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Nov 2, 2017

Will AI job-stealing robots lead to a human revolution?

Posted by in categories: employment, government, law, robotics/AI

The rise of artificial intelligence threatens to eliminate jobs once considered impossible to automate. One series of papers by Oxford researchers ranks jobs by their estimated susceptibility to automation. Among those most rated likely to vanish – because they involve work that AI can increasingly accomplish less expensively – are real estate brokers, insurance claims adjusters and sports referees. Could anything good come of mass unemployment?

History tells us that when technology squeezes people out of jobs, they revolt. Industrialization in 19th-century England, for example, gave rise to Luddite activism. Unfortunately, history also suggests that protests of the marginalized don’t solve the underlying problem. The British Army suppressed the Luddites; the government passed laws to protect factory equipment and industrialization marched on. As Marx went on to theorize, in a capitalist society, the government is co-opted by the wealthy classes.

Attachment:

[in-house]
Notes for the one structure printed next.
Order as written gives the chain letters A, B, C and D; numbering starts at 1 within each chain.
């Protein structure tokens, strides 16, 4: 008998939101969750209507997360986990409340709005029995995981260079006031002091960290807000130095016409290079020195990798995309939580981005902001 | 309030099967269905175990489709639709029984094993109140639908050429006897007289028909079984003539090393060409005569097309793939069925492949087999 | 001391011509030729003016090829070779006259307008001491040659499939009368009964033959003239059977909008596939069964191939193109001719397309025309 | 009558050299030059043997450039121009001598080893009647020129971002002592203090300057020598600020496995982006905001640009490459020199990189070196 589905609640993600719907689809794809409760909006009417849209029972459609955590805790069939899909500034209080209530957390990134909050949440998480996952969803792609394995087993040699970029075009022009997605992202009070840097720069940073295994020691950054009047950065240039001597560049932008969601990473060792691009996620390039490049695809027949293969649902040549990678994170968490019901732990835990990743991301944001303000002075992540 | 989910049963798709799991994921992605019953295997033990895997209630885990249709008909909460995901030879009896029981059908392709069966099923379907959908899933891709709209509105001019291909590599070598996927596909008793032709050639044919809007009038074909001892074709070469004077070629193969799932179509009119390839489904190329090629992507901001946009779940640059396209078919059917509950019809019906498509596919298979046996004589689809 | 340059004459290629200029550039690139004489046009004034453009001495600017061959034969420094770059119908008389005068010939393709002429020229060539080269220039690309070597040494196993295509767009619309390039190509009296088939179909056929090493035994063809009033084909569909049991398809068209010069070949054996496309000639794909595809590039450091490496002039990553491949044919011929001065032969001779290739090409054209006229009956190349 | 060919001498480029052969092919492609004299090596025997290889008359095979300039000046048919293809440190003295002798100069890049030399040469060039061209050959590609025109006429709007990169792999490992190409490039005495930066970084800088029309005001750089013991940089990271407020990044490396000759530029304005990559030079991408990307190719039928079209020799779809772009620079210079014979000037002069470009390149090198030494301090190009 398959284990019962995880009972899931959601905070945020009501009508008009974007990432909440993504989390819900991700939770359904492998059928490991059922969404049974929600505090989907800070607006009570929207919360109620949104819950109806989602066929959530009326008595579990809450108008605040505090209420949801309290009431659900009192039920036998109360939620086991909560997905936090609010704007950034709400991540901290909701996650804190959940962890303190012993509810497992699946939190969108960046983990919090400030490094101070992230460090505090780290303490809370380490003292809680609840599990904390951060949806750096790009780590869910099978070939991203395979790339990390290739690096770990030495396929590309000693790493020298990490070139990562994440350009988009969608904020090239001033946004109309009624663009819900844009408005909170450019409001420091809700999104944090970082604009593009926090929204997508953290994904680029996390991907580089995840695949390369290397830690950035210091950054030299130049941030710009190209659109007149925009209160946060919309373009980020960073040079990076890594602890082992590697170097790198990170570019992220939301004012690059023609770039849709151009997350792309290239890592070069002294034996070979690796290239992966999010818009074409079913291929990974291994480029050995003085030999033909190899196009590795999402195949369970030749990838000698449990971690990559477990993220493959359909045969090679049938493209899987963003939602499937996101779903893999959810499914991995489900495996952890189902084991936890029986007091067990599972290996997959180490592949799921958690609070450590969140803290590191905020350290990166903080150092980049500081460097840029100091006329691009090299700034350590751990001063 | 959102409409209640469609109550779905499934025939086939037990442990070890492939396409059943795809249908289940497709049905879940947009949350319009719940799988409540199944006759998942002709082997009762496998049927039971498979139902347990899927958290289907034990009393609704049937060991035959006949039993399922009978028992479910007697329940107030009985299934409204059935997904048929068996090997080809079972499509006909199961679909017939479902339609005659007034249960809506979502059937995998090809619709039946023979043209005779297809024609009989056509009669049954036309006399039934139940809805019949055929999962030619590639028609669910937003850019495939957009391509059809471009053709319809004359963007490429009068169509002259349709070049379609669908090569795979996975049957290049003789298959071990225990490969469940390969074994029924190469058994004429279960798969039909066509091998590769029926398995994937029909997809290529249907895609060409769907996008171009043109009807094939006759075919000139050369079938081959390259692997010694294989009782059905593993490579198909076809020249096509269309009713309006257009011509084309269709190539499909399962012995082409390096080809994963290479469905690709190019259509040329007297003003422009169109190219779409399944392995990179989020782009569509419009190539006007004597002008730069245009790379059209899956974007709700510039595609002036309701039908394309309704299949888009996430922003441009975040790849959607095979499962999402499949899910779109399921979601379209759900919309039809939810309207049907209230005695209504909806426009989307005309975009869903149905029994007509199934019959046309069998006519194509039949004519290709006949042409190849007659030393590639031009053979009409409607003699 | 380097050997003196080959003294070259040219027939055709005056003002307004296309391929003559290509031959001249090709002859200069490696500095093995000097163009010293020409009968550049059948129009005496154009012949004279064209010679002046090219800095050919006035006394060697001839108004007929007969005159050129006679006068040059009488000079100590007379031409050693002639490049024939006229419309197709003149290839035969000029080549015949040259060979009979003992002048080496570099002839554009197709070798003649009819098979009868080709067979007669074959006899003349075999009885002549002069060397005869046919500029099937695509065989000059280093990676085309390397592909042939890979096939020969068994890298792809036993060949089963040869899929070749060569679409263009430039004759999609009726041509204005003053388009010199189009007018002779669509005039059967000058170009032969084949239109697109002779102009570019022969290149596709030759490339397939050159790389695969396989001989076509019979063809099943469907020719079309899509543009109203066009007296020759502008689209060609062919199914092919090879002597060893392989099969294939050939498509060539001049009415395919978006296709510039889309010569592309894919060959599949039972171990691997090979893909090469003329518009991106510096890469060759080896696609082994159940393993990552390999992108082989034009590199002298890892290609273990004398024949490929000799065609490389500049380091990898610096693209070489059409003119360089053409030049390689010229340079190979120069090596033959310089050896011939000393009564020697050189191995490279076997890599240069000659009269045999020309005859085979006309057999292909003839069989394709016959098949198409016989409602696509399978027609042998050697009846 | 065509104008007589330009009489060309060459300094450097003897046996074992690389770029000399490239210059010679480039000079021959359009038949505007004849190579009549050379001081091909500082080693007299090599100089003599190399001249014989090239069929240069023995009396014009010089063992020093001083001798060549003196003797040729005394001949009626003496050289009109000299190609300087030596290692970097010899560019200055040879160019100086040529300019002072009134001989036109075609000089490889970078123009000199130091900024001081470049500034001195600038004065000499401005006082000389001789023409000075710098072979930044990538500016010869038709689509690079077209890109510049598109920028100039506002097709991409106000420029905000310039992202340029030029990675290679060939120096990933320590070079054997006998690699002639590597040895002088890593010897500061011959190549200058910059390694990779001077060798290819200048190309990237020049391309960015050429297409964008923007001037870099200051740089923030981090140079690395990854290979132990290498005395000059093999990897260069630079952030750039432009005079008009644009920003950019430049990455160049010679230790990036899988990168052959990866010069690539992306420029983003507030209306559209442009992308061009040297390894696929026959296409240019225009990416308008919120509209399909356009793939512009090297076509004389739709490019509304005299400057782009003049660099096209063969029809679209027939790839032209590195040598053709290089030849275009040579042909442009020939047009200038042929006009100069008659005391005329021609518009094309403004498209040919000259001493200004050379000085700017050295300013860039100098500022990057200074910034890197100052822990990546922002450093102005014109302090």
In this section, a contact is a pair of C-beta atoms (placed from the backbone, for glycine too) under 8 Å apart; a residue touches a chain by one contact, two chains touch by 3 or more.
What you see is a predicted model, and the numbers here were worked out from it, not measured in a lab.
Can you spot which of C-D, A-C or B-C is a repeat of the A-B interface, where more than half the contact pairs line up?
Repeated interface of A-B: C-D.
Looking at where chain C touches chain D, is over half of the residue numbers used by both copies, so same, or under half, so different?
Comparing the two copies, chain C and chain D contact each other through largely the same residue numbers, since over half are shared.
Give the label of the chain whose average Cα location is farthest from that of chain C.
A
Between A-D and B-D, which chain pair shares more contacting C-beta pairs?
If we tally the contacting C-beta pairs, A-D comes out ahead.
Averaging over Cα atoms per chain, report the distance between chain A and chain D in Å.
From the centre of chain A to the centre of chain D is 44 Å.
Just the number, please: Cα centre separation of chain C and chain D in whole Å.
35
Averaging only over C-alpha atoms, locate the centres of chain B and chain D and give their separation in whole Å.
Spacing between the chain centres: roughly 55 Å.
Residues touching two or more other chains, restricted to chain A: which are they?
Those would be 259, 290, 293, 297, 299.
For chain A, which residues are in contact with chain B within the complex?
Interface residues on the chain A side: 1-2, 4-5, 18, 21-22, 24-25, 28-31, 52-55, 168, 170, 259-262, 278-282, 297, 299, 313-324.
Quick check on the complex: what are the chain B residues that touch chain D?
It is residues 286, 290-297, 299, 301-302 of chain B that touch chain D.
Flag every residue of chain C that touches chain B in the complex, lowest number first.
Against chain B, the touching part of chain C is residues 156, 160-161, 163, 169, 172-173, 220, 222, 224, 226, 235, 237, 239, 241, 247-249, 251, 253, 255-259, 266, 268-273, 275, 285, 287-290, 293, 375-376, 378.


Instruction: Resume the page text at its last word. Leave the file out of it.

What happens, though, when that skilled upper class is itself put out of a job? That’s the question that mass AI-based unemployment would pose. What would happen when well-educated lawyers, journalists, bureaucrats, corporate managers and other creative-class knowledge workers can’t find work? Could the rise of AI lead to a white-collar rebellion?

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Oct 29, 2017

The New Religions Obsessed with A.I

Posted by in categories: employment, Ray Kurzweil, robotics/AI, singularity, supercomputing

How far should we integrate human physiology with technology? What do we do with self-aware androids—like Blade Runner’s replicants—and self-aware supercomputers? Or the merging of our brains with them? If Ray Kurzweil’s famous singularity—a future in which the exponential growth of technology turns into a runaway train—becomes a reality, does religion have something to offer in response?